- (G. Re.)
- This spirit of rivalry showed itself early in his career. He began by pitting himself against his contemporaries, and afterwards, when his powers were more fully developed, against some of the old masters, notably Vandervelde and Claude. During these years, while he kept up a constant rivalry with artists living and dead, he was continuing his study of nature, and, while seemingly a mere follower of the ancients, was accumulating that store of knowledge which in after years he was to use to such purpose.
- “The strange unity of vertebrated action and of a true bony contour, infinitely varied in every vertebra, with this glacial outline, together with the adoption of the head of the Ganges crocodile, the fish-eater, to show his sea descent (and this in the year 1806, when hardly a single fossil saurian skeleton existed within Turner's reach), renders the whole conception one of the most curious exertions of the imaginative intellect with which I am acquainted in the arts” (Ruskin, Mod. Painters, v. 313).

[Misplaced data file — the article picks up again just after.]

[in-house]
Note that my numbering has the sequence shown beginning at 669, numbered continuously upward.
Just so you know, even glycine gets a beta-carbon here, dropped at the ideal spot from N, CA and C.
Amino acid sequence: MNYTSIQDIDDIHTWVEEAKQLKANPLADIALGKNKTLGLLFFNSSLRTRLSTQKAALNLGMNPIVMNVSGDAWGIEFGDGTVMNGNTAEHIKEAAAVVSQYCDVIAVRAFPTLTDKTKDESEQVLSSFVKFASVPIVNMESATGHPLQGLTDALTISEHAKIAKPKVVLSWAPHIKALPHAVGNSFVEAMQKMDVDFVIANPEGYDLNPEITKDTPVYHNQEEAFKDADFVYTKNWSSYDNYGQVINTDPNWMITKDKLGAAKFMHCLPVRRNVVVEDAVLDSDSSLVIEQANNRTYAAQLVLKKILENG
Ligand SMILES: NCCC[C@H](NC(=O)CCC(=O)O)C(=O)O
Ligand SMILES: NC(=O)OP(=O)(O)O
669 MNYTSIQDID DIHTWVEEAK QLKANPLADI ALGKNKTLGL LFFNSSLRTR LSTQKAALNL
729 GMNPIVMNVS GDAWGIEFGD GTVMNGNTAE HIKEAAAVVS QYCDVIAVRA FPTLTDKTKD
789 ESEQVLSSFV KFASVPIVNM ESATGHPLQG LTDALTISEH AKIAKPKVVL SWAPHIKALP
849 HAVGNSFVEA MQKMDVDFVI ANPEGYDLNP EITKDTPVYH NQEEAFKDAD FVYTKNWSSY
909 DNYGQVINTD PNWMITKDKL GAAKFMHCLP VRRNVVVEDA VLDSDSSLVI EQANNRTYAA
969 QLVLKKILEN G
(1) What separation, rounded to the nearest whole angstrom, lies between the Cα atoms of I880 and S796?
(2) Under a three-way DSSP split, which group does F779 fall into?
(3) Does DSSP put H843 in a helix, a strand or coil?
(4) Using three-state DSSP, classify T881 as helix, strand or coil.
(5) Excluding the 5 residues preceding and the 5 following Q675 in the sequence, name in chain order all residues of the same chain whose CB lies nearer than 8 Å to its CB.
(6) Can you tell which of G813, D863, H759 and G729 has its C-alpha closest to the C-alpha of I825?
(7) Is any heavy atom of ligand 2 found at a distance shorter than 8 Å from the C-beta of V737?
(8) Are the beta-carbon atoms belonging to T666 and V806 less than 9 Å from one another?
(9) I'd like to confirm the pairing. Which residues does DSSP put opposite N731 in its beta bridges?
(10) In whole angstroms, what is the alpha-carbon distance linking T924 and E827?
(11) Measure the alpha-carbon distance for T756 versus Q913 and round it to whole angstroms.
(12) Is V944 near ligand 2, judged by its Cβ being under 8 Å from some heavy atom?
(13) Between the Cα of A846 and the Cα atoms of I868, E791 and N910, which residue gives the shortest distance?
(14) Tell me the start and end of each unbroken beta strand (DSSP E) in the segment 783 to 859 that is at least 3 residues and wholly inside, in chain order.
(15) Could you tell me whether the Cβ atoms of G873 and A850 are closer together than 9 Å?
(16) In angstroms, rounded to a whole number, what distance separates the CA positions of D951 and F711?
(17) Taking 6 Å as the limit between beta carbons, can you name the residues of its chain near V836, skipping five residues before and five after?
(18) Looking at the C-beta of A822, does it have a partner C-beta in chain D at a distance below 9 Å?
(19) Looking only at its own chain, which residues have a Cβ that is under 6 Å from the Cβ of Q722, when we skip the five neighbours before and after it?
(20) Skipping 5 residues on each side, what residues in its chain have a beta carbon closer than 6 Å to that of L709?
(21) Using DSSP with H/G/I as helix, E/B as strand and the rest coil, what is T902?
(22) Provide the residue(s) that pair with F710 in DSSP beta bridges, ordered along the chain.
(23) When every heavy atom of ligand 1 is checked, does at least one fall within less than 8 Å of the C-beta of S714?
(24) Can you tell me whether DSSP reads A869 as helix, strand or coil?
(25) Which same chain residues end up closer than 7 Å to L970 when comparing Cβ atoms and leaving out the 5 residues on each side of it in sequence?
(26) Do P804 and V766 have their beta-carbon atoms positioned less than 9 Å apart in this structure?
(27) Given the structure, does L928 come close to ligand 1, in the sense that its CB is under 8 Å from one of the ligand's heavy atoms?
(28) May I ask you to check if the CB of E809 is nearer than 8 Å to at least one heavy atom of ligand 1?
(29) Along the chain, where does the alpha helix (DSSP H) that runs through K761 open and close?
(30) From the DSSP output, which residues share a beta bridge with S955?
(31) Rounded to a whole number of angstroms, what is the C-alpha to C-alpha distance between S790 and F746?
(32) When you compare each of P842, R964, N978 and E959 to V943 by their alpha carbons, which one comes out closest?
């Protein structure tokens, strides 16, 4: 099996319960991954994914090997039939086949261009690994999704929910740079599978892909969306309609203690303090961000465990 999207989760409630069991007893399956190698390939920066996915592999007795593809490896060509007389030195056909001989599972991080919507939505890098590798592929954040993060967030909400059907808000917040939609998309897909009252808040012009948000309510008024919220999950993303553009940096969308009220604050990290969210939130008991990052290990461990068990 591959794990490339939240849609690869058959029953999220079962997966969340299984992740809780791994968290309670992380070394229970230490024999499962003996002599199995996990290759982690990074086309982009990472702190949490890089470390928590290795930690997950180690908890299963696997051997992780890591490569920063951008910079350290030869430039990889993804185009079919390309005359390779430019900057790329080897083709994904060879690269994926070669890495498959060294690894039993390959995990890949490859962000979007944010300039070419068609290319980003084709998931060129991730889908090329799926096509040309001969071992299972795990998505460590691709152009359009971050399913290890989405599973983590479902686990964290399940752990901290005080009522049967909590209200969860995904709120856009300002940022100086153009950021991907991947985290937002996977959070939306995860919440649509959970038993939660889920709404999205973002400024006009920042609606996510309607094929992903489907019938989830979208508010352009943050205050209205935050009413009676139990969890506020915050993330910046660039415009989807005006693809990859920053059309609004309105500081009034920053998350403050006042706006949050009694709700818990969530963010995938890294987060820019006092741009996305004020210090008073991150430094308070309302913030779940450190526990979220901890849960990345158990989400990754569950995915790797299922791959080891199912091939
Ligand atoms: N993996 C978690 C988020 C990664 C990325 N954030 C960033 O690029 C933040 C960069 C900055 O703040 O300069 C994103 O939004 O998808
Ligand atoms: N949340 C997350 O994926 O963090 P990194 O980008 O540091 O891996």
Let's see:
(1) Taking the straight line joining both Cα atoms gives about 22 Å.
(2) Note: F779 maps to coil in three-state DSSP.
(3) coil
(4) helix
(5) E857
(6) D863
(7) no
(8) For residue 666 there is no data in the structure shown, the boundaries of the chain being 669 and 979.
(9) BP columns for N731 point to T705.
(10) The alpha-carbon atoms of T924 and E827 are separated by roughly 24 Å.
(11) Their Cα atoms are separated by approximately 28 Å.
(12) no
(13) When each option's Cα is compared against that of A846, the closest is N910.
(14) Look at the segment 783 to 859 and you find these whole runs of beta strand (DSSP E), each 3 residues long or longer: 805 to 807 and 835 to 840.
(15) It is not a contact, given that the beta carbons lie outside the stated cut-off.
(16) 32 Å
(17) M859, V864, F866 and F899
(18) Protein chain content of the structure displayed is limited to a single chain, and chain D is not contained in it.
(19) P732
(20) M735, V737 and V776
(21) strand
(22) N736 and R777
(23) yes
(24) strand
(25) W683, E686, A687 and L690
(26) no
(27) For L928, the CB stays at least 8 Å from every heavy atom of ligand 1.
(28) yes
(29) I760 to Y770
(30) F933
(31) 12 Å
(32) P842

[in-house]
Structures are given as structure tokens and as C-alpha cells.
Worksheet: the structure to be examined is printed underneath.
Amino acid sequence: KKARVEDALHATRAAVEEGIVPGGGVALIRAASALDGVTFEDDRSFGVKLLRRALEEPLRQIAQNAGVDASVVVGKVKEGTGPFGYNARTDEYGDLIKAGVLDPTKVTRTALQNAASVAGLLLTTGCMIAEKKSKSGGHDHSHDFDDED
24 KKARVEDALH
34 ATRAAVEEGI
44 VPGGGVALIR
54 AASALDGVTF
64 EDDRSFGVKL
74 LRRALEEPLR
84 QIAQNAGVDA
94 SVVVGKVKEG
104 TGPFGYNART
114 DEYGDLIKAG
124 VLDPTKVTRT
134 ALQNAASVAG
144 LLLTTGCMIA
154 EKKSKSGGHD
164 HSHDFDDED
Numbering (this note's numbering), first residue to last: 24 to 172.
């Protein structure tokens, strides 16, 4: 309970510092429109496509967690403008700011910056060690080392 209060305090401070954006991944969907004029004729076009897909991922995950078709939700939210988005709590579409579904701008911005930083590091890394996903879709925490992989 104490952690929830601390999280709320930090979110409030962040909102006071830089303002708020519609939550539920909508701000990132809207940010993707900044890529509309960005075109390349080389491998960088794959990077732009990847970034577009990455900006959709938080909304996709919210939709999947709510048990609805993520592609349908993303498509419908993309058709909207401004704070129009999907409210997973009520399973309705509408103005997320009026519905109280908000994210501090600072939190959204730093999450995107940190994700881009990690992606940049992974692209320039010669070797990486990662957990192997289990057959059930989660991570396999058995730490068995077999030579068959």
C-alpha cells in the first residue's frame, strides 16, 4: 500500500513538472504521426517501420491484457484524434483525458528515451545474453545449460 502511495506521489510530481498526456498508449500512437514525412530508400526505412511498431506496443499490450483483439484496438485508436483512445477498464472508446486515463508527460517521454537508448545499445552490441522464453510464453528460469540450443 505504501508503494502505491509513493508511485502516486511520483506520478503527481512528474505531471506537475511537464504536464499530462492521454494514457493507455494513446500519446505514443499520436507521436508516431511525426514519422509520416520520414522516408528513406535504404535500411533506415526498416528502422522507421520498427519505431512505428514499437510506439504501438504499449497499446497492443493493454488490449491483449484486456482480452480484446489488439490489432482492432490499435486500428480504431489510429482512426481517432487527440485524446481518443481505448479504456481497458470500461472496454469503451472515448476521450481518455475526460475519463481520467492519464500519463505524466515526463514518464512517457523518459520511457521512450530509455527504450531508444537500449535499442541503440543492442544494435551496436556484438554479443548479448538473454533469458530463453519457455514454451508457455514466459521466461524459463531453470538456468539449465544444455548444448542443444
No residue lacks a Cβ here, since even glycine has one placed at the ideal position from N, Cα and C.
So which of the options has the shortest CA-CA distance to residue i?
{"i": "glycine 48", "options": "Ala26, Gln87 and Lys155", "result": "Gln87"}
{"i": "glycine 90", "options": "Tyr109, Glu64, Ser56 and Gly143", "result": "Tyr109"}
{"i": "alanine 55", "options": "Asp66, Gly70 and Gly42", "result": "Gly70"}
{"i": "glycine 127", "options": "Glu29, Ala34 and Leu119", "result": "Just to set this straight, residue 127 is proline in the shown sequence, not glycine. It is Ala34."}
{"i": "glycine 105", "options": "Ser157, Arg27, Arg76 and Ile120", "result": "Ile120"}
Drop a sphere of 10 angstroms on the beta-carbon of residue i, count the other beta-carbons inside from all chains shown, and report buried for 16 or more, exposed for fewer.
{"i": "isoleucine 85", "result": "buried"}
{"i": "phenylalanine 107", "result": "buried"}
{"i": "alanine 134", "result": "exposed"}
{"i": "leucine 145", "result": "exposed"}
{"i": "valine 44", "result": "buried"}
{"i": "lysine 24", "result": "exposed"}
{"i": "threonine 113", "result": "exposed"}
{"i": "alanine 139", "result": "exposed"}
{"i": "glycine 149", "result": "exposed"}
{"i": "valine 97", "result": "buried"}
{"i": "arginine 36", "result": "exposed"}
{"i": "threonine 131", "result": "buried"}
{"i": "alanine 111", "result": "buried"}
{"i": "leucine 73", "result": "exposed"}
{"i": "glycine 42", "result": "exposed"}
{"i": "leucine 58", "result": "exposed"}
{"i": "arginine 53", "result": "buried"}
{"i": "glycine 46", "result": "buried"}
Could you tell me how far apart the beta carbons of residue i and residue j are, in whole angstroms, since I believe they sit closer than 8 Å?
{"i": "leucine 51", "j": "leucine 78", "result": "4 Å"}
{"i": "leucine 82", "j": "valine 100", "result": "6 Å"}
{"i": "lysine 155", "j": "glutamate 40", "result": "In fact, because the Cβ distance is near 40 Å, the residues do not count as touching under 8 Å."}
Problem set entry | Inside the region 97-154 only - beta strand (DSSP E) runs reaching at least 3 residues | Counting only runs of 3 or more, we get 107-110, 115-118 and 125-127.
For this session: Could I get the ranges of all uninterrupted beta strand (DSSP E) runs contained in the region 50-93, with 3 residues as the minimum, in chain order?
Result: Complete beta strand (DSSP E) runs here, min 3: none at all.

- “Crossing the Brook” was a great favourite with Turner. It was painted for a patron, who, dissatisfied with it, left it on the painter's hands. The price asked (£500) seems to have been part of the objection. Turner subsequently refused an offer of £1600 for it.
- “Of all the artists who ever lived I think it is Turner who treated the vignette most exquisitely, and, if it were necessary to find some particular reason for this, I should say that it may have been because there was nothing harsh or rigid in his genius, that forms and colours melted into each other tenderly in his dream-world, and that his sense of gradation was the most delicate ever possessed by man” (Hamerton).